(using Ctrl-click for individual images or Shift-click for contiguous images) from the
Browse tab and then click on the Batch button on the toolbar and select Quick Fix. Voila!
They've all been adjusted. If you want more control over the changes made to your image,
click on the Adjust button and select either Adjust Wizard or Adjust.
There's even a Panorama tool. If you've ever really liked a wide view of the countryside
but couldn't capture it with a single shot, this one's for you. Take several overlapping
pictures with your digital camera, import them into an album (using the Camera button on
the toolbar, natch), click on the Panorama button, arrange them in the order they should
appear, and let the tool do the rest. The pictures are stitched together and the total
panoramic image is cropped horizontally and vertically to remove any jagged edges and
overlaps. You then save it under a new file name and you're done.
The output options are impressive, too. Printing could take an entire article by itself,
but suffice it to say that you're not likely to waste paper when printing one image or
an entire album. Contact sheets, wallet sizes, 5X7s, and combinations are all possible,
plus many more. You can take multiple images and turn them into a Quick Time movie, or
you can output one or more albums to a video CD which you can share with others.
Where to get it
The price for Photo Album appears pretty consistent everywhere I looked in town. CompUSA
and Best Buy are your most likely candidates to have the product, and both offer it for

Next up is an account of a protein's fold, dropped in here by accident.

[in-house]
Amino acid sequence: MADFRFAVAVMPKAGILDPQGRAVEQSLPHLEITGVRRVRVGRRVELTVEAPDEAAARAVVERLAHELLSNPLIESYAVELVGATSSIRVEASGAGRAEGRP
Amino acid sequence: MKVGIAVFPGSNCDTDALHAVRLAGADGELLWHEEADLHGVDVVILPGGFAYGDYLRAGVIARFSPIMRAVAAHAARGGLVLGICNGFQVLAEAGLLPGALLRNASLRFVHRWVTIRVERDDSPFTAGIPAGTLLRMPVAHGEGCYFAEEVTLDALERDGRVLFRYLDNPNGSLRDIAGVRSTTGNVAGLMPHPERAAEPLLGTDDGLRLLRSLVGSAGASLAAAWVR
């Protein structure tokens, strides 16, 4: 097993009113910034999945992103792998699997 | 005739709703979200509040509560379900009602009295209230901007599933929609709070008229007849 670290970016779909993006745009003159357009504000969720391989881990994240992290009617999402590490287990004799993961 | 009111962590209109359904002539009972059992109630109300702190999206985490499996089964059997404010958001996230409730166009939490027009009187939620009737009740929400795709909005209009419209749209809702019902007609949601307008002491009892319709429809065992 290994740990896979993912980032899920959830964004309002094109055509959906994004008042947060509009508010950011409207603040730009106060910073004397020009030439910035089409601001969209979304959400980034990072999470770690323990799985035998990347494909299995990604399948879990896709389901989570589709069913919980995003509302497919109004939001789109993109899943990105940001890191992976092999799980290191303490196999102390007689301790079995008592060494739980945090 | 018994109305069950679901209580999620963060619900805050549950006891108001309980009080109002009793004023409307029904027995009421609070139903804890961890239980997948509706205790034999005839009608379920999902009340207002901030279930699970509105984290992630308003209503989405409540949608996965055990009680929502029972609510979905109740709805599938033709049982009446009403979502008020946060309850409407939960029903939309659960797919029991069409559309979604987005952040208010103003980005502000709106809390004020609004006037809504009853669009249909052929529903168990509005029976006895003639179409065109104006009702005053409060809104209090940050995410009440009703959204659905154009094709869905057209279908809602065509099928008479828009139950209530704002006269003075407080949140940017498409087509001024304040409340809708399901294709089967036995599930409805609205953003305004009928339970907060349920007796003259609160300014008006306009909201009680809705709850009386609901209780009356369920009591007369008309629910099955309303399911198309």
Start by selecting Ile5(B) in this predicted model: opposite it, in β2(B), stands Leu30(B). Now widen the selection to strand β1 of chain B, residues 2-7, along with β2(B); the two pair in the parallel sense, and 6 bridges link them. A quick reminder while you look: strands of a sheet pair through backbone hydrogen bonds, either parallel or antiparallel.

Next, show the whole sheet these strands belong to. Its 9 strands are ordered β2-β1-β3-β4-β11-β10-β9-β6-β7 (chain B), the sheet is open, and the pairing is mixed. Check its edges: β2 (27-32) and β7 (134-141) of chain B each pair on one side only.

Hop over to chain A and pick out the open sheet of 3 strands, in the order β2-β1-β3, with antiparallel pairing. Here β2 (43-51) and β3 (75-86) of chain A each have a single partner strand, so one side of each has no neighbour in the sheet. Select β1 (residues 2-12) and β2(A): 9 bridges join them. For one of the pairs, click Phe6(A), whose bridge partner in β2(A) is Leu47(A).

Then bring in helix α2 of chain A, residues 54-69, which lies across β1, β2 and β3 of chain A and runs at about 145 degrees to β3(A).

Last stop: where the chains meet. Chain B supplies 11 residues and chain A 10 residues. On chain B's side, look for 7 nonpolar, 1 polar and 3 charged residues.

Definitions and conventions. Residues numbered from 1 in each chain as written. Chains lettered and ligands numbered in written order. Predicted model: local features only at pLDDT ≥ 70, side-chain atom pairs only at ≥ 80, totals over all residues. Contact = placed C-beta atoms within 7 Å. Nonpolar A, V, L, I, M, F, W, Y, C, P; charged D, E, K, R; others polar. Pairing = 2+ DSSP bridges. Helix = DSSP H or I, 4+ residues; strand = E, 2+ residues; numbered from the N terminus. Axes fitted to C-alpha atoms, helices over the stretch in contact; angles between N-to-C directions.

about $50. Surprisingly, you can get it directly from Jasc for less than the retail cost;
$42 will get you a full boxed package, while downloading it will only cost you $38
(you'd better have broadband, though). Jasc's web site can be found at www.jasc.com.
They're based in the States, so you can contact them directly at:
Jasc Software, Inc., 7905 Fuller Road, Eden Prairie, MN 55344. Phone: (952) 934-8888.
Information about buying or registering the product has a toll-free number you can call
(800-622-2793), but tech support issues are on a regular long-distance line (952-930-9171).
Everything has to be done, though, between 8am and 5pm Central Time.
Would I recommend the product? Yep. If you're going to be doing a lot of digital photography
and have loads of images spread out across several different media (hard disks, CDs,
floppies, etc.), and you don't need the horsepower of Paint Shop Pro, this is for you.
The quick tools and output options are excellent and the album function is a definite
plus. Have fun with it!
Oh, and by the way; they even throw in two recordable CD-ROMs to get you started on
sharing your images.